Lesson 2: My Favorite
Lesson Workbook (PDF) Click here
1. To expose students to the sin of favoritism
2. To help students experience favoritism in their midst
3. To help students repent of their sin of favoritism and commit to a new path
Acceptance, Attitude, Caring, Fairness, Friendship, Judging, Prejudice
OPENING PRAYER (5 to 10 minutes)
GROUP BUILDING (10 minutes)
I want us to talk about the following questions. The only rules are that everyone has to answer and you can only pick one thing. If you’re a little uncomfortable with that, take a deep breath: it’s gonna be okay.
• What’s your favorite TV show currently on the air?
• What’s your favorite song that’s out right now?
• What’s your favorite junk food?
• Who is your favorite person on earth?
GETTING STARTED (5 minutes)
The last question might have caught you off guard. While the first three were pretty harmless to answer, some of you might have felt awkward answering the last one—especially if two of your best friends are in the room! But it leads us to another question I want to give you all a minute to answer.
Question: When is it okay to have favorites and when is it not okay?
DIGGING IN (30 minutes)
In James 2:1-13, we learn what it means to play favorites. Having a favorite song or sports team is one thing, while playing favorites with human beings is another. What he writes may surprise you. Take a minute and read it for yourself, James 2:1-13, and then we’ll discuss it together.
Read James 2:1-13
1. What does verse 1 say about favoritism? Why do you think it says that? (Don't show favoritism.)
2. According to verse 9, is showing favoritism a sin? (Yes.)
3. Why do you think that is? (You should love others as yourself.)
This text is not saying that you can’t have a close group of friends, everyone does. It’s not even talking about cliques, that is a separate issue. Friendships are built with time, trust and commonality. What this text is talking about is how you treat “outsiders,” people you don’t know well and who don’t know you.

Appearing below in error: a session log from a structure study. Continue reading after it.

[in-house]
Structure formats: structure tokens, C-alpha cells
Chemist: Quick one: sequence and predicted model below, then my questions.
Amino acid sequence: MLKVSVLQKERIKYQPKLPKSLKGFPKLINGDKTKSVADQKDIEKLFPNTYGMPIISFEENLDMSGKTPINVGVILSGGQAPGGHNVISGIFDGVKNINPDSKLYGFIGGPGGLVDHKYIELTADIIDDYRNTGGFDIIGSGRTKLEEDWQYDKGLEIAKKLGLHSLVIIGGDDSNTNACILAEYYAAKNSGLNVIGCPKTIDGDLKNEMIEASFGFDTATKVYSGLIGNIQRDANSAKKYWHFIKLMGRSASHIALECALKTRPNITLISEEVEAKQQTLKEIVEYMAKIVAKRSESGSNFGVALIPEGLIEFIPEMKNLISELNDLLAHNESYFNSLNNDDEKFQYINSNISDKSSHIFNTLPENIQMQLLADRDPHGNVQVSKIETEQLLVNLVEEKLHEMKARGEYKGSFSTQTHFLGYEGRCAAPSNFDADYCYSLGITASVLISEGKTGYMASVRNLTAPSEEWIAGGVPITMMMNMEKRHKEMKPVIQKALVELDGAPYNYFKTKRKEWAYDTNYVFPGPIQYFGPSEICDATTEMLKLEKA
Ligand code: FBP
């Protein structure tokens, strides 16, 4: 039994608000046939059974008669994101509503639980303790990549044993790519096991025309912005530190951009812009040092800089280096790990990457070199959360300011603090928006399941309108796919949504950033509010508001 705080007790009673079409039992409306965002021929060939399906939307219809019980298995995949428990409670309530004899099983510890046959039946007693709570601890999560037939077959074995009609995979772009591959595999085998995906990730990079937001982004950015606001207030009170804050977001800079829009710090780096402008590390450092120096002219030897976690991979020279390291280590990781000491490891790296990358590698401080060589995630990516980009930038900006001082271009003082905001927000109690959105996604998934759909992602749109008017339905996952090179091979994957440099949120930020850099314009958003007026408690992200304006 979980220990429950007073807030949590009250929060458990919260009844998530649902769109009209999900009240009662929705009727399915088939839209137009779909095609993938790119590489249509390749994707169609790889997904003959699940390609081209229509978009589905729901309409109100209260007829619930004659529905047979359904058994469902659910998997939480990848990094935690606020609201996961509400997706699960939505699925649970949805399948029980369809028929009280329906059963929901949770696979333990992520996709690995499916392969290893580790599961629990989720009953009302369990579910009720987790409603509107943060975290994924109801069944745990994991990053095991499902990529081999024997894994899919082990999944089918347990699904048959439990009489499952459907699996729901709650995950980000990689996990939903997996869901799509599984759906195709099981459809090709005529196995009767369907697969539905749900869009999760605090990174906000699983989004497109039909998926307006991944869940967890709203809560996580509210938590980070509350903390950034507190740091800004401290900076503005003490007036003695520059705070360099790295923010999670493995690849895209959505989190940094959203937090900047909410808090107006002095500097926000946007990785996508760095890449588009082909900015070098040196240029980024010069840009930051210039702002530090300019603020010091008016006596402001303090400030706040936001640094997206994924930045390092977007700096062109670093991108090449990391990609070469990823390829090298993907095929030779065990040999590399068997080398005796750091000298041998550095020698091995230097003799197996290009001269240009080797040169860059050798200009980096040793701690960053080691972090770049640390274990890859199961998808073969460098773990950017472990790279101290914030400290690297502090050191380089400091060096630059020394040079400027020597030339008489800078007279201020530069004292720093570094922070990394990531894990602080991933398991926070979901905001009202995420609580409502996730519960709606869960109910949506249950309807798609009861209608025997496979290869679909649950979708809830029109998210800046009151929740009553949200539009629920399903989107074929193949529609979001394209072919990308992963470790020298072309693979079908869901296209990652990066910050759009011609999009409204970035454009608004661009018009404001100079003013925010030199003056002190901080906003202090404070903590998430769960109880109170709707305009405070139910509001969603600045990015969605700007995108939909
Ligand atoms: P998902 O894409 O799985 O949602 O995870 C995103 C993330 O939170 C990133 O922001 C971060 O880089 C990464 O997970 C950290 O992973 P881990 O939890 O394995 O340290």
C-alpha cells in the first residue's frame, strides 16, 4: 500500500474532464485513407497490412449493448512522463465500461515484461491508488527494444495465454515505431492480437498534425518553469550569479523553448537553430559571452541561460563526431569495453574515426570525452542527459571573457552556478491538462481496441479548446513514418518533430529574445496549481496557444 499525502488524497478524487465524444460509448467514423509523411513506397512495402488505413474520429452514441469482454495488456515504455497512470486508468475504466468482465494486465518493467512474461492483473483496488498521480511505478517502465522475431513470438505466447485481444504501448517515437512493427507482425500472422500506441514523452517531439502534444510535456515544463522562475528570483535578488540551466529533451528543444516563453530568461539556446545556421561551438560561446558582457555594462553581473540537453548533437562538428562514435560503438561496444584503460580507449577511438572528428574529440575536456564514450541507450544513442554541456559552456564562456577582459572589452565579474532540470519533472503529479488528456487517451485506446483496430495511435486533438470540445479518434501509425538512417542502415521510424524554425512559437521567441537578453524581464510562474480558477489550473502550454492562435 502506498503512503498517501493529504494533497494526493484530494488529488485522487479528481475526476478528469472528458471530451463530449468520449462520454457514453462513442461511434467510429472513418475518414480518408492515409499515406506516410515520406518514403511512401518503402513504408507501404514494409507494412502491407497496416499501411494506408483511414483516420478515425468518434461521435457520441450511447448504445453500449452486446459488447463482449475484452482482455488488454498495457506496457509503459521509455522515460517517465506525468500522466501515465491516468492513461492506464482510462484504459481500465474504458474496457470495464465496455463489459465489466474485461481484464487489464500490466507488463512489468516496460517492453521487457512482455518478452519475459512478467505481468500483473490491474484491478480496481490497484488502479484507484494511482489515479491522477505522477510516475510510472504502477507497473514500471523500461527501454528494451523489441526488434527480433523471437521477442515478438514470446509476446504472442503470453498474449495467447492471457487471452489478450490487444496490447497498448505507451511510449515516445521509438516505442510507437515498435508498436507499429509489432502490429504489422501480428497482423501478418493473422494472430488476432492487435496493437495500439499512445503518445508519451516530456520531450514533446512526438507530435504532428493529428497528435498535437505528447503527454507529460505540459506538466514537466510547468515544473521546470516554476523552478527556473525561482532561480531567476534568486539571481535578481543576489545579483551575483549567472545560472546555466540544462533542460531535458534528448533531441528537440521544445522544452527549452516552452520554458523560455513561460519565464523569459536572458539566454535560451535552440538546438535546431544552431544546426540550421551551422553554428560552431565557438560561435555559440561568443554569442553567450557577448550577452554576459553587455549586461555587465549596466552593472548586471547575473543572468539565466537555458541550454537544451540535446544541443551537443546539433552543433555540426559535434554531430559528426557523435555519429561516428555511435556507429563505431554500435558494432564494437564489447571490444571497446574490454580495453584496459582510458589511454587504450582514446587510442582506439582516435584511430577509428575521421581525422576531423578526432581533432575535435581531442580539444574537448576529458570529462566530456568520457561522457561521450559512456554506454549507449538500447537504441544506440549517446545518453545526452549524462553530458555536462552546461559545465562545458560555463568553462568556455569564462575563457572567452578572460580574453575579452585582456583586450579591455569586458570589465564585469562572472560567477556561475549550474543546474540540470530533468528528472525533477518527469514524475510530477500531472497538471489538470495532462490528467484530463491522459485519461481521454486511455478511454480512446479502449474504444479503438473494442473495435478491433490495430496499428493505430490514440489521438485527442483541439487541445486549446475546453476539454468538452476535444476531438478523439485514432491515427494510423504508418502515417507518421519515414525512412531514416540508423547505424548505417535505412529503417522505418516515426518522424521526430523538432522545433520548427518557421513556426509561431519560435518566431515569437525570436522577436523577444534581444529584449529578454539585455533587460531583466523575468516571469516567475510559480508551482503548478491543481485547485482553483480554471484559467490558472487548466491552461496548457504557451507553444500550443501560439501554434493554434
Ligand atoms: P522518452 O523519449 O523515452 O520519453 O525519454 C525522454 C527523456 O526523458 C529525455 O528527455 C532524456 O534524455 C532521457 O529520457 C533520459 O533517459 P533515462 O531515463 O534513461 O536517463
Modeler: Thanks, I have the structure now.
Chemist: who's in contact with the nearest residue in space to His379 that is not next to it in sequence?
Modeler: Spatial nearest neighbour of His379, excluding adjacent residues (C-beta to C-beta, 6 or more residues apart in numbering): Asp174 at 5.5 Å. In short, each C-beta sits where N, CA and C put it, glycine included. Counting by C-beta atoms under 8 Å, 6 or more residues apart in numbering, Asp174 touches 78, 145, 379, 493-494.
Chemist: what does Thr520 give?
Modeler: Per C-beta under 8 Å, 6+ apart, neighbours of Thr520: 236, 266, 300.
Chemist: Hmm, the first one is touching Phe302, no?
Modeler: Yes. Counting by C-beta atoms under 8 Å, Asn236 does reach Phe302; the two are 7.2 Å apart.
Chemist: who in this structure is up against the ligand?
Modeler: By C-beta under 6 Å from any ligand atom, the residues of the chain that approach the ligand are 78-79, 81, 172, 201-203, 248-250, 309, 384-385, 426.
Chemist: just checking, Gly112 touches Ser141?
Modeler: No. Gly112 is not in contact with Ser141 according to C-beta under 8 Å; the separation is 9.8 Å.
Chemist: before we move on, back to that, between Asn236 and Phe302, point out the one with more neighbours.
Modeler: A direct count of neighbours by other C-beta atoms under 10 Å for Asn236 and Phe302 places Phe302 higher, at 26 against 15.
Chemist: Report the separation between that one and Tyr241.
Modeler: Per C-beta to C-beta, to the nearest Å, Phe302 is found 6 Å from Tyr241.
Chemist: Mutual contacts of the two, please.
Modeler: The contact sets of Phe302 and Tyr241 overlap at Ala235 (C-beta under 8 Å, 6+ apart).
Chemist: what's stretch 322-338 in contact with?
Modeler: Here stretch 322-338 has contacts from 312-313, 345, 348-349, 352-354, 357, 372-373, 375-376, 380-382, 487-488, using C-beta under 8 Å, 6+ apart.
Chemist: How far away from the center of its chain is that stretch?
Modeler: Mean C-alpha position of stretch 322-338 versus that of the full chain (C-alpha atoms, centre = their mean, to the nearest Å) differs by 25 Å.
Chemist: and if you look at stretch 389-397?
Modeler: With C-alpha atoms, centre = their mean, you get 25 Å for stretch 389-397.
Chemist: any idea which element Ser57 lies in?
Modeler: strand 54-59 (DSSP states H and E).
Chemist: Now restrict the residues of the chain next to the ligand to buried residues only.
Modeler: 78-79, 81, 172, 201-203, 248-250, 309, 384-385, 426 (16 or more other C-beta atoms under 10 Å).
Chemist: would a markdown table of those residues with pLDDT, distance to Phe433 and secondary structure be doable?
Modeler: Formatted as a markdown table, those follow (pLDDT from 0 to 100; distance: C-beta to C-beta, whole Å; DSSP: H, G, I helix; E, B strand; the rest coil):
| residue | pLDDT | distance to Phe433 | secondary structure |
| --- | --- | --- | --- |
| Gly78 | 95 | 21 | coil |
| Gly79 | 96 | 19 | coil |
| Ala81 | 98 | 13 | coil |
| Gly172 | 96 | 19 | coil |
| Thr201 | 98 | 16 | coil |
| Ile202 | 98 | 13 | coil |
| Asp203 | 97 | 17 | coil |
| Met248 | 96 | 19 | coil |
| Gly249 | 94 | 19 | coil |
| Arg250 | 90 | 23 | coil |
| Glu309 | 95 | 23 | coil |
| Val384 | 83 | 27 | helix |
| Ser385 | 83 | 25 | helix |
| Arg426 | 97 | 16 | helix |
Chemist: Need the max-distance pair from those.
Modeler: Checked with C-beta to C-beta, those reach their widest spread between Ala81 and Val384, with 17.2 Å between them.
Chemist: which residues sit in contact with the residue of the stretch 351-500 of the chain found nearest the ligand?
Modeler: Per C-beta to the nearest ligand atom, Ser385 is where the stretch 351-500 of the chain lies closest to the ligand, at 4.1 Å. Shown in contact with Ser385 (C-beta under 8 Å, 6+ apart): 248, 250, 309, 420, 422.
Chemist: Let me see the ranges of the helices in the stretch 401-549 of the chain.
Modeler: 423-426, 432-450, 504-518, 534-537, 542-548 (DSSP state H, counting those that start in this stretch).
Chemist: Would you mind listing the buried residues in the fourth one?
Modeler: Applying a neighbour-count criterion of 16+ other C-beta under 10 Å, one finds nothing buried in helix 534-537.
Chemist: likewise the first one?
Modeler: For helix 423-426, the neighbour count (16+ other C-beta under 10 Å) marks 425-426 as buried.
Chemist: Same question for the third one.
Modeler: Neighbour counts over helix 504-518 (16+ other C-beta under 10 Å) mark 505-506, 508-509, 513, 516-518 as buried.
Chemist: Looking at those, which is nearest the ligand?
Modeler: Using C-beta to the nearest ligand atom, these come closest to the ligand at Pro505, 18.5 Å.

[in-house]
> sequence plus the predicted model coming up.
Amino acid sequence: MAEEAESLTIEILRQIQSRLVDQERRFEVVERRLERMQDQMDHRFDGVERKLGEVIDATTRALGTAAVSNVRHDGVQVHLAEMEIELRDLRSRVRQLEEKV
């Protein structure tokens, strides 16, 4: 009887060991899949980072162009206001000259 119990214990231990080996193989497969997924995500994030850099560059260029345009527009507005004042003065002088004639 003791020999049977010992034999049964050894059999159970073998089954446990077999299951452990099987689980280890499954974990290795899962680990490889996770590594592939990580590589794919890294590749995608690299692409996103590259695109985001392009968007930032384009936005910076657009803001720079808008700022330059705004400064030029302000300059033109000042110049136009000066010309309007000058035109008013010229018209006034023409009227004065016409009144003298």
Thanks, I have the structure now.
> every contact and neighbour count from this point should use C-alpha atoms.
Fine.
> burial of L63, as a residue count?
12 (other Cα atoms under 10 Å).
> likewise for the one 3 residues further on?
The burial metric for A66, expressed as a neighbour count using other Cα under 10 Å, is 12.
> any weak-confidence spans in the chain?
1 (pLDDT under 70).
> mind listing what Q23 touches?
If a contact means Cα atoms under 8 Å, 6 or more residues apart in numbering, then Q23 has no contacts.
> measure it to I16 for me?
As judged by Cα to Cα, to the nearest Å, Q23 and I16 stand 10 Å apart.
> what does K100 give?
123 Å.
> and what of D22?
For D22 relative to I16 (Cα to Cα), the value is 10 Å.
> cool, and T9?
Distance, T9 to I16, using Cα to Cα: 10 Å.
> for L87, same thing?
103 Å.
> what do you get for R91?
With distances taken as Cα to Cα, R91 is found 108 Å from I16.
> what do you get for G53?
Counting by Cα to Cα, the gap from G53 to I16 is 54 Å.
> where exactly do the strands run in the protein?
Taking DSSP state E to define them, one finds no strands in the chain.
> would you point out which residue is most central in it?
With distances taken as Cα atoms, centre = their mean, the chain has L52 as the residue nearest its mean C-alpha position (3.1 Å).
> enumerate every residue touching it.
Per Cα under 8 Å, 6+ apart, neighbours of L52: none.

4. What example does James give to drive this point home? (verse 2-7)
Alright, now we’re getting somewhere. He uses this analogy of a rich man and a poor man entering a room at the same time. The question he poses is, would you treat those people differently. Let’s do some soul searching here. Be honest with yourself.
5. How many of you would treat a well-dressed, approachable, attractive person who was a lot like you differently than you would a shabbily dressed, standoffish, and unattractive person?
Activity (10 minutes)
If you are able, invite someone to attend your meeting that the students don't know. If possible, make it someone their age. Have them come early, in plenty of time to meet students. Instruct the “stand-in” to use a fake name and have a story ready to answer questions. Don’t do any introducing for them, though. Make your students deal with him/her on their own. At this point in the lesson, reveal the stand-in and deal with the accompanying issues.
I want to introduce you guys to someone. If you did more than say hi to (name) this morning, I want you to raise your hand. That means you introduced yourself, asked him or her how he or she was doing, where he or she was from, etc. A hi as you passed doesn’t count. But if you did more than that, raise your hand. Okay, you can sit down now. I invited (name) here today to see how our group would do concerning favoritism. (name), let me ask you some questions.
• First of all, what is your real name? Where are you from?
• What did it feel like when you walked in this morning? How did you feel?
• How many people said anything to you?
• Did you feel at any point like you weren’t wanted, didn’t belong, etc.?
• If you were a high school student, would you ever return to our ministry based on the way you were treated today?
Okay, fair enough, give (real name) a hand for being here.
MAKING IT REAL (10 minutes)
1. How do you think our group handles outsiders?
2. What could our ministry do differently that would keep us from showing favoritism to people coming in for the first time?
3. What could our ministry do differently that would keep us from showing favoritism to people who have been around for a while?
4. In your own life, do you play favorites? Why do you think you do it?
CLOSING PRAYER (3 minutes)
And now, I think it’s time for some corporate repentance. We can all do better at not playing favorites. James is clear: favoritism is a sin. I want to ask you all to kneel at your seats. I’m going to lead us in a prayer in which I want all of you to repeat what I say:
Holy God, we have sinned against you…
We have considered ourselves better than others…
We have valued people with wrong judgment…
We have overlooked the outcasts unfairly
We have shown favoritism, and we are wrong…
Give us your eyes to see others…
Give us your hearts to love others…
Give us your kindness to share with others…
Forgive us of our sins…
Thank you for not overlooking us…